The 3 Best Comic Book Runs I Just Made Up

#3: Craig Merriweather’s Superman (2007-2009)
When former Taos, New Mexico public access weatherman/mime Merriweather was handed the reins of DC’s most iconic hero, he was an unknown quantity.  By the time of his mysterious death by suffocation in an invisible box in late 2009, he was heralded as one of the greatest writers ever to tackle the character.  The supporting cast had chances to shine and profoundly develop in story arcs like Lex Luthor’s harrowing Rogaine addiction and Jimmy Olsen’s romance with his robot maid, and Superman’s skills were tested against a creative new rogues’ gallery including Icemaster 5000, Amorphous Dennis, and the inimitable Murder Torus.  Now available in trade and digitally, Craig Merriweather’s run on Superman is a great starting point for new readers looking to see what Superman is all about and an essential part of any fan’s collection.

#2: Pete Shropshire’s Spider-Man (1981-2002)
Just as Chris Claremont came to define the X-Men, so too did Pete Shropshire come to define Marvel’s legendary webslinger.  The state of things when Shropshire came onto the title in 1981 was grim; Aunt May was an undead lich married to Ape Walt Simonson after the infamous Ape Writers vs. the Army of the Dead event, and Mary Jane was addicted to horseback riding.  Shropshire quickly set to work righting these missteps, neatly resolving them with an ingenious twist on the classic “it was all a dream” formula.  With the road ahead clear of inconvenient obstacles, Shropshire was free to create countless memorable story arcs, from Peter and Mary Jane’s sensual honeymoon in the giant spider dimension to Norman Osborn’s humanizing and not at all exploitative or problematic adoption and care of a Wakandan orphan named Toot-Toot.  Many thought (even hoped) that the resilient Shropshire would keep writing Spider-Man forever, but sadly his run ended with his death in 2002 by suffocation in an invisible box.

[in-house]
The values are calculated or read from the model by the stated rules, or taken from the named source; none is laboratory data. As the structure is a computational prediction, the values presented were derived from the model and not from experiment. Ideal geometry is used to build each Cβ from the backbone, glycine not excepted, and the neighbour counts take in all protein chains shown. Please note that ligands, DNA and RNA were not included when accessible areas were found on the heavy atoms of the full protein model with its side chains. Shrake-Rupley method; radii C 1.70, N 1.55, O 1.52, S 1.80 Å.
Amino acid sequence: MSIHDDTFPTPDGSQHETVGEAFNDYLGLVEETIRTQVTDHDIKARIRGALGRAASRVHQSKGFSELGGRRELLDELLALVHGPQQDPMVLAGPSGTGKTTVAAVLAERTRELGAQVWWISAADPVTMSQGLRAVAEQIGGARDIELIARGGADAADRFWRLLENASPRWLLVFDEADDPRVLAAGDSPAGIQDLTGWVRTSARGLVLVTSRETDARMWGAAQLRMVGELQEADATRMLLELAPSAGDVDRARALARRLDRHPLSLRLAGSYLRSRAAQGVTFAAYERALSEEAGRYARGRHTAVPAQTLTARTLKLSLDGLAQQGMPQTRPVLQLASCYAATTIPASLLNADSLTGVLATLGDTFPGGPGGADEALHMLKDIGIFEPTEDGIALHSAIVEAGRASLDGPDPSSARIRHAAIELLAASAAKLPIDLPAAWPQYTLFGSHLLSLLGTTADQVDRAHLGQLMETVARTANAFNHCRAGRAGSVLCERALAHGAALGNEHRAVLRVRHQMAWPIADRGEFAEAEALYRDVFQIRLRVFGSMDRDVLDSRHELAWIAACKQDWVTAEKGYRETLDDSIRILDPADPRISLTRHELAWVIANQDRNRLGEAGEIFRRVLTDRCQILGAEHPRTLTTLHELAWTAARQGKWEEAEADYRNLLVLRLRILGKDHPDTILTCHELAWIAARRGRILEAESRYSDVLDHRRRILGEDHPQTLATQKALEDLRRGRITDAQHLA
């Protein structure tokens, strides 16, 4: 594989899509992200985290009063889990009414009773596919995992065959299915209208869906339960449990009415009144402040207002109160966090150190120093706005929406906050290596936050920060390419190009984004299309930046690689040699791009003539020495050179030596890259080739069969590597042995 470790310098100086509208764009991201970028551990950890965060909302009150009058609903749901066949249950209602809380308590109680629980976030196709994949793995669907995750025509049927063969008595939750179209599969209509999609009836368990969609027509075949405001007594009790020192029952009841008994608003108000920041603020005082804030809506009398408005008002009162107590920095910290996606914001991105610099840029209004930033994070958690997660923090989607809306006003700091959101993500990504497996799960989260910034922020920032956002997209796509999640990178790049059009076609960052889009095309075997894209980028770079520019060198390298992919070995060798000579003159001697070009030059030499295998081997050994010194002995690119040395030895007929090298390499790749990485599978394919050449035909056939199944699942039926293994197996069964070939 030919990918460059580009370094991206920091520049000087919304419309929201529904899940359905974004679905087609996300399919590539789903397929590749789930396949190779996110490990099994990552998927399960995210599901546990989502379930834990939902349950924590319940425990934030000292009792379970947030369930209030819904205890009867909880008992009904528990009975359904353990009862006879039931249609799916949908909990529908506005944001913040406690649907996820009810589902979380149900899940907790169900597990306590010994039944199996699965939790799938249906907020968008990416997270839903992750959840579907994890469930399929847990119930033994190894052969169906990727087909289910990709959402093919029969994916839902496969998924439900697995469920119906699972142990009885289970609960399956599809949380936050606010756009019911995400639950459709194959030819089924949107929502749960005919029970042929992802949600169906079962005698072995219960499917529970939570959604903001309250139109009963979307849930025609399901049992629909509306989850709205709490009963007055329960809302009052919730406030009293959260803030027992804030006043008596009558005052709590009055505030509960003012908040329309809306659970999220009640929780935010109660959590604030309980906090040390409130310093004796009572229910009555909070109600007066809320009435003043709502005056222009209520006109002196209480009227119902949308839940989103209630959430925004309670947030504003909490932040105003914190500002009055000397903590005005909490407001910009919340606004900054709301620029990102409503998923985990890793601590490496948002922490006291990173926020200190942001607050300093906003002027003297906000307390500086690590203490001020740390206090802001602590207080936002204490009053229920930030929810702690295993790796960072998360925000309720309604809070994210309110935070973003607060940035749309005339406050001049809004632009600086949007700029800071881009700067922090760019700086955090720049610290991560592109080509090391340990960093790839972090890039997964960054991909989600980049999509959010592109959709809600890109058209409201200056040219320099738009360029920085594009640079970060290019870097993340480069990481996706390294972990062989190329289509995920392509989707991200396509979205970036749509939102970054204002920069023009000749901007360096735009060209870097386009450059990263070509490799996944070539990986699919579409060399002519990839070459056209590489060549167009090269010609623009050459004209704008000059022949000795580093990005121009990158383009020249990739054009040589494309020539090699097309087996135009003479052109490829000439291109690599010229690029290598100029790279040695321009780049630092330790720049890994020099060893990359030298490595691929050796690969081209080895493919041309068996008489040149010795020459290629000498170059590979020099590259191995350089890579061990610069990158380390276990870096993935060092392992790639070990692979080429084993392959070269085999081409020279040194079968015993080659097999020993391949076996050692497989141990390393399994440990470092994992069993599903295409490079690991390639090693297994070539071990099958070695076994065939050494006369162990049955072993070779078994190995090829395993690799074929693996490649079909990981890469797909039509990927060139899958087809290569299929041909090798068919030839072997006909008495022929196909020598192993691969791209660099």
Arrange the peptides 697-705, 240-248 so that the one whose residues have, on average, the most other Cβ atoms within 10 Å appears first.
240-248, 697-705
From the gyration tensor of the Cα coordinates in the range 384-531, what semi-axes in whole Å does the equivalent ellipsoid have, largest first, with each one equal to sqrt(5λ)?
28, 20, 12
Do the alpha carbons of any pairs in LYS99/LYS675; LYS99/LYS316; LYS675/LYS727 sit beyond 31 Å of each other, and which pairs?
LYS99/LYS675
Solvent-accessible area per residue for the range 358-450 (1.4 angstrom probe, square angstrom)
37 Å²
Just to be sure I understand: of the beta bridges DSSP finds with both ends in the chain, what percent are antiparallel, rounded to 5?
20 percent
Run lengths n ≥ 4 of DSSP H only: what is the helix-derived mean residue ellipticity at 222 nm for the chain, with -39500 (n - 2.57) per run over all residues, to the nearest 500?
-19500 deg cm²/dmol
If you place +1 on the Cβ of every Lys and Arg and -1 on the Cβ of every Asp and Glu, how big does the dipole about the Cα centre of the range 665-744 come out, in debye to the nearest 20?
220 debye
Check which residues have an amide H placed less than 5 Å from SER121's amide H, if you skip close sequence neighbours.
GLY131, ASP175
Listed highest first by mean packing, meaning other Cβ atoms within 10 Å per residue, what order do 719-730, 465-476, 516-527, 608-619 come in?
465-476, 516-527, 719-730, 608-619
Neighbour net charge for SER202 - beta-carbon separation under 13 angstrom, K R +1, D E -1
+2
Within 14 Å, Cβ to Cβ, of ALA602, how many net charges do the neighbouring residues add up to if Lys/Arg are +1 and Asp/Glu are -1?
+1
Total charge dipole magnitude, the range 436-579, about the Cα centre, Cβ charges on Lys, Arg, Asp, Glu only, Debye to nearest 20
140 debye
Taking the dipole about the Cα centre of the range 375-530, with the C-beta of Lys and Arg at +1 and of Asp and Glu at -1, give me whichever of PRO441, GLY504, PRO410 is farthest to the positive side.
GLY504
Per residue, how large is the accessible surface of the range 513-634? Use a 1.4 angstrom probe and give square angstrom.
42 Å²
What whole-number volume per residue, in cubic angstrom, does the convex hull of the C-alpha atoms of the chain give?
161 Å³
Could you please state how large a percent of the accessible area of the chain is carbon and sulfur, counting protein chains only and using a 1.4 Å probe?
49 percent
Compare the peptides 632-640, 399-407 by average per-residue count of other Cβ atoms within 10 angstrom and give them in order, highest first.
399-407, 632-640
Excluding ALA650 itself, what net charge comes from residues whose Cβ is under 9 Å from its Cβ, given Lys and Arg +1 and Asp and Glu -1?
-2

#1: Bob Sellers’ Iron Man (1999-2001)
If the popular film was your introduction to Iron Man, you missed out on experiencing the far superior comic run it was based on, brought joyously into this world by the brilliant Bob Sellers.  The films kept the general story beats of Sellers’ run but excised the most important character, Tony Stark’s hallucinatory best friend Jack Daniels.  Jack Daniels’ quick wit and compassion brought much-needed levity to dark situations and acted as Tony’s conscience, and his absence in the films is felt almost as painfully as the absence of Sellers himself, who was killed on September 11th, 2001 when a piece of falling debris crushed the airtight invisible box he was trapped in.

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